Abigail Hofman: Identity crisis at Morgan Stanley?
Morgan Stanley’s fixed-income traders have not excelled and in 2009 the firm has failed to capitalize on opportunities in the flow businesses
Sometimes I get it right and sometimes I get it wrong. As in any job, the key is not so much to be infallible but to have more successes than misses and when you make a mistake, admit it. Morgan Stanley’s fixed-income division is one thing that I recently called correctly. In my May 2009 column, I highlighted Morgan Stanley’s weak first-quarter trading revenues and wrote: “I am still not convinced that the firm has the right top team in place in its fixed-income trading and sales operation.”
I was criticized by certain insiders for these remarks on the grounds that future quarters would show the skill of the firm’s traders. As far as I am concerned, Morgan Stanley has had problems in fixed-income trading for the past two years. The firm announced a sizeable 2007 fourth-quarter loss due to proprietary trading in sub-prime securities and in November 2007, Zoe Cruz, co-president and head of the institutional securities division, was abruptly fired. Some question whether this dismissal was appropriate. There was an overtone of desperately seeking a scapegoat. After all, Cruz had enjoyed an outstanding 25-year career at the firm and in a period of market turmoil, continuity is an attribute. Since her departure, Morgan Stanley’s fixed-income traders have not excelled and in 2009 the firm has failed to capitalize on opportunities in the flow businesses. This might be a result of a misplaced desire to remain close to shore or, more ominously, a failure by senior management to spot key industry trends. In any event, an opportunity has been missed. An insider told me: “Our strategy is different now from some of the big flow-trading houses. We have made a significant move to expand our wealth management franchise and, over the cycle, this will pay off.” In a way, Morgan Stanley is suffering an identity crisis. The firm needs to decide whether it is an institutional securities dog with a retail brokerage tail or a retail brokerage dog with an institutional securities tail. I don’t see it becoming a firm of two equal parts: one culture and approach will dominate. This dilemma will affect, or indeed could be decided by, the choice of a successor to John Mack, the firm’s chairman and chief executive. I expect Mack to relinquish his chief executive role within the next 18 months, although he might remain chairman.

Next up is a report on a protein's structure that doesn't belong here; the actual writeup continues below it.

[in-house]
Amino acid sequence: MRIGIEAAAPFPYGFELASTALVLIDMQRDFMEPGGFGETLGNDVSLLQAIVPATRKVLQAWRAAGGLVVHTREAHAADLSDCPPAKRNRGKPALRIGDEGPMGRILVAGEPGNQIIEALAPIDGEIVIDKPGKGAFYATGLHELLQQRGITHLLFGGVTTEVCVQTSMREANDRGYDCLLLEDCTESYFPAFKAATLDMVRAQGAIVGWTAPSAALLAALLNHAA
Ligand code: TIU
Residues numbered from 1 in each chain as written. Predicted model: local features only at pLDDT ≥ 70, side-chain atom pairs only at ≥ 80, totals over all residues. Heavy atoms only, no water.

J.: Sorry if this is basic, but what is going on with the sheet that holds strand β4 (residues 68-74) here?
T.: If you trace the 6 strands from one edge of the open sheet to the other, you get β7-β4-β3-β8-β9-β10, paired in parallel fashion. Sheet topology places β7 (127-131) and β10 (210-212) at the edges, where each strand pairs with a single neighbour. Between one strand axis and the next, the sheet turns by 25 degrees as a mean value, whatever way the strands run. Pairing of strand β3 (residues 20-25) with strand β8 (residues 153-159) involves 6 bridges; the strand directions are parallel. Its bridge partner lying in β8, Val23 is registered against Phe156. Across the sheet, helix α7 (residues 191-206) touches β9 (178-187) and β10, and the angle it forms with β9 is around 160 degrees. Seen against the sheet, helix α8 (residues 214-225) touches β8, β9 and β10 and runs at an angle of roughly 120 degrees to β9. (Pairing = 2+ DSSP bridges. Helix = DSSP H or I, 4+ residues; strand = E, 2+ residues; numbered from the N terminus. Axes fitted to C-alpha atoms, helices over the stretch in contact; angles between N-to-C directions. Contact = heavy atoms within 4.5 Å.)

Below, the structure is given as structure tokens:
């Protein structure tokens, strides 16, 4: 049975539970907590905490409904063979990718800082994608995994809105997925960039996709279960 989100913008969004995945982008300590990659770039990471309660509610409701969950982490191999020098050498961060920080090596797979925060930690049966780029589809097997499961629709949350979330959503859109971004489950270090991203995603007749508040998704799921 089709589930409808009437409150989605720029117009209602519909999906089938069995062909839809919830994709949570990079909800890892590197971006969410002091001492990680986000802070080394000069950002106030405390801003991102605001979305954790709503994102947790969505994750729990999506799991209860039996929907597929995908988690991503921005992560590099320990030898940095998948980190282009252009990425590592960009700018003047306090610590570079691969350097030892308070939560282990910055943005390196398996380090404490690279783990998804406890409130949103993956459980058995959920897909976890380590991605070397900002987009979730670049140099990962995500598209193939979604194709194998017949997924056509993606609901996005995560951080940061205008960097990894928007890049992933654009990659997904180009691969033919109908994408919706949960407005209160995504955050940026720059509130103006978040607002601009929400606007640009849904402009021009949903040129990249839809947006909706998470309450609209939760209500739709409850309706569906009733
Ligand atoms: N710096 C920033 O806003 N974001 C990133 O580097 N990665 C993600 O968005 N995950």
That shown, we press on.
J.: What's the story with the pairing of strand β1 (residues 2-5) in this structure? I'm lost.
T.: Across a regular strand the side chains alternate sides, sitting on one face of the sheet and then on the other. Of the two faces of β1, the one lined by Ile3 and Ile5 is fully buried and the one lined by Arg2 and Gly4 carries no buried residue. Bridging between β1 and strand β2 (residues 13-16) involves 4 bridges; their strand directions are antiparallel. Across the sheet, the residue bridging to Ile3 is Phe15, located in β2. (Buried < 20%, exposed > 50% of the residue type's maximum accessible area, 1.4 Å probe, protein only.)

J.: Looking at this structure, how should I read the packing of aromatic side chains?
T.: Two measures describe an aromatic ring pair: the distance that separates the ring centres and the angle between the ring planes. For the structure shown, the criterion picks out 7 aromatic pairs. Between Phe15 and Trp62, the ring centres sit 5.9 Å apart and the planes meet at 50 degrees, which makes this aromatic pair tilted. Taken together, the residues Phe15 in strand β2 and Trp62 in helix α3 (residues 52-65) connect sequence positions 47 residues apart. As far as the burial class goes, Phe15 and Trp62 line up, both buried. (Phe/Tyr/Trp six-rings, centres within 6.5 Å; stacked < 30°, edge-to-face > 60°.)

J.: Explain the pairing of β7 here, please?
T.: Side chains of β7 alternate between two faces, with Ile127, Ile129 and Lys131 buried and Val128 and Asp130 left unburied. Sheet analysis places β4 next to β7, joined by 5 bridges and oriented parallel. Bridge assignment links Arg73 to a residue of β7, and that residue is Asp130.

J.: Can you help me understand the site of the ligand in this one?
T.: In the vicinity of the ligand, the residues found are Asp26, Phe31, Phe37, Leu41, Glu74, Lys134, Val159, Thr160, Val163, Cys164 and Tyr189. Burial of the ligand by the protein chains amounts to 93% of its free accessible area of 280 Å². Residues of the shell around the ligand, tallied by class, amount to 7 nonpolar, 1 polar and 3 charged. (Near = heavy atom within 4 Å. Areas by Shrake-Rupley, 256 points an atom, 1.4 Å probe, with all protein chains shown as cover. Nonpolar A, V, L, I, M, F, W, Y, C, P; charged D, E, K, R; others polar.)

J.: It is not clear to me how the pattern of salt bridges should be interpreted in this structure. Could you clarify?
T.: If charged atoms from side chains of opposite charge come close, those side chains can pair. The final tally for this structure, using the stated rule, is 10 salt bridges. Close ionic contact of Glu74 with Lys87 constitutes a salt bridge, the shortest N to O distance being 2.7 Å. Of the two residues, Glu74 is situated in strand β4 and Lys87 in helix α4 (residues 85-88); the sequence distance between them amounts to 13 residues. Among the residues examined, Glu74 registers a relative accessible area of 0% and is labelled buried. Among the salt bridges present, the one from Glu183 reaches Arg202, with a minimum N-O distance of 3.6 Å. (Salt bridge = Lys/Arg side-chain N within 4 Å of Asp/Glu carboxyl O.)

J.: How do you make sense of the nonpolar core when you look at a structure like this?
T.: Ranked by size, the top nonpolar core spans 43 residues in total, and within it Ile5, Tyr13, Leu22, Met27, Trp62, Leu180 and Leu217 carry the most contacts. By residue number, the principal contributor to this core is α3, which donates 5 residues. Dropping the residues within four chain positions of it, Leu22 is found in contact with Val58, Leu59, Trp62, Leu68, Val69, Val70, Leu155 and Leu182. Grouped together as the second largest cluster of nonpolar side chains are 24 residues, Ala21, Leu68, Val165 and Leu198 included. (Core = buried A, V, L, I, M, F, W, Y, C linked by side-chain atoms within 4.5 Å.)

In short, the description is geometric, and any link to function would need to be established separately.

In late July, Morgan Stanley announced the welcome news that it was hiring former CSFB trading star Jack DiMaio to head its interest rate, credit and currency trading area. DiMaio left Credit Suisse in 2005 to found a hedge fund, DiMaio Ahmad Capital. Morgan Stanley has lured him back to the mainstream by taking a minority stake in the hedge fund. I am not a fan of such manoeuvring, which smacks of Citi’s decision to acquire Vikram Pandit Old Lane hedge fund at a ludicrously inflated price. But I give Morgan Stanley’s management credit for acting decisively and hiring a talented outsider. A source describes DiMaio as: “The brightest guy on the planet.” I look forward to meeting this paragon. A Morgan Stanley mole, who knows me well, emailed a pithy punch-line: “You will like DiMaio,” Mole wrote. “He is charming and good-looking. He used to be a semi-pro baseball player! “
Of course, I couldn’t possibly allow a handsome physique to influence me. But then, on the other hand, isn’t that how women are judged most of the time – which brings us back to GQ magazine featuring Mrs Jenkins in her underwear!
How was your month? Please send news and views to Abigail@euromoney.com
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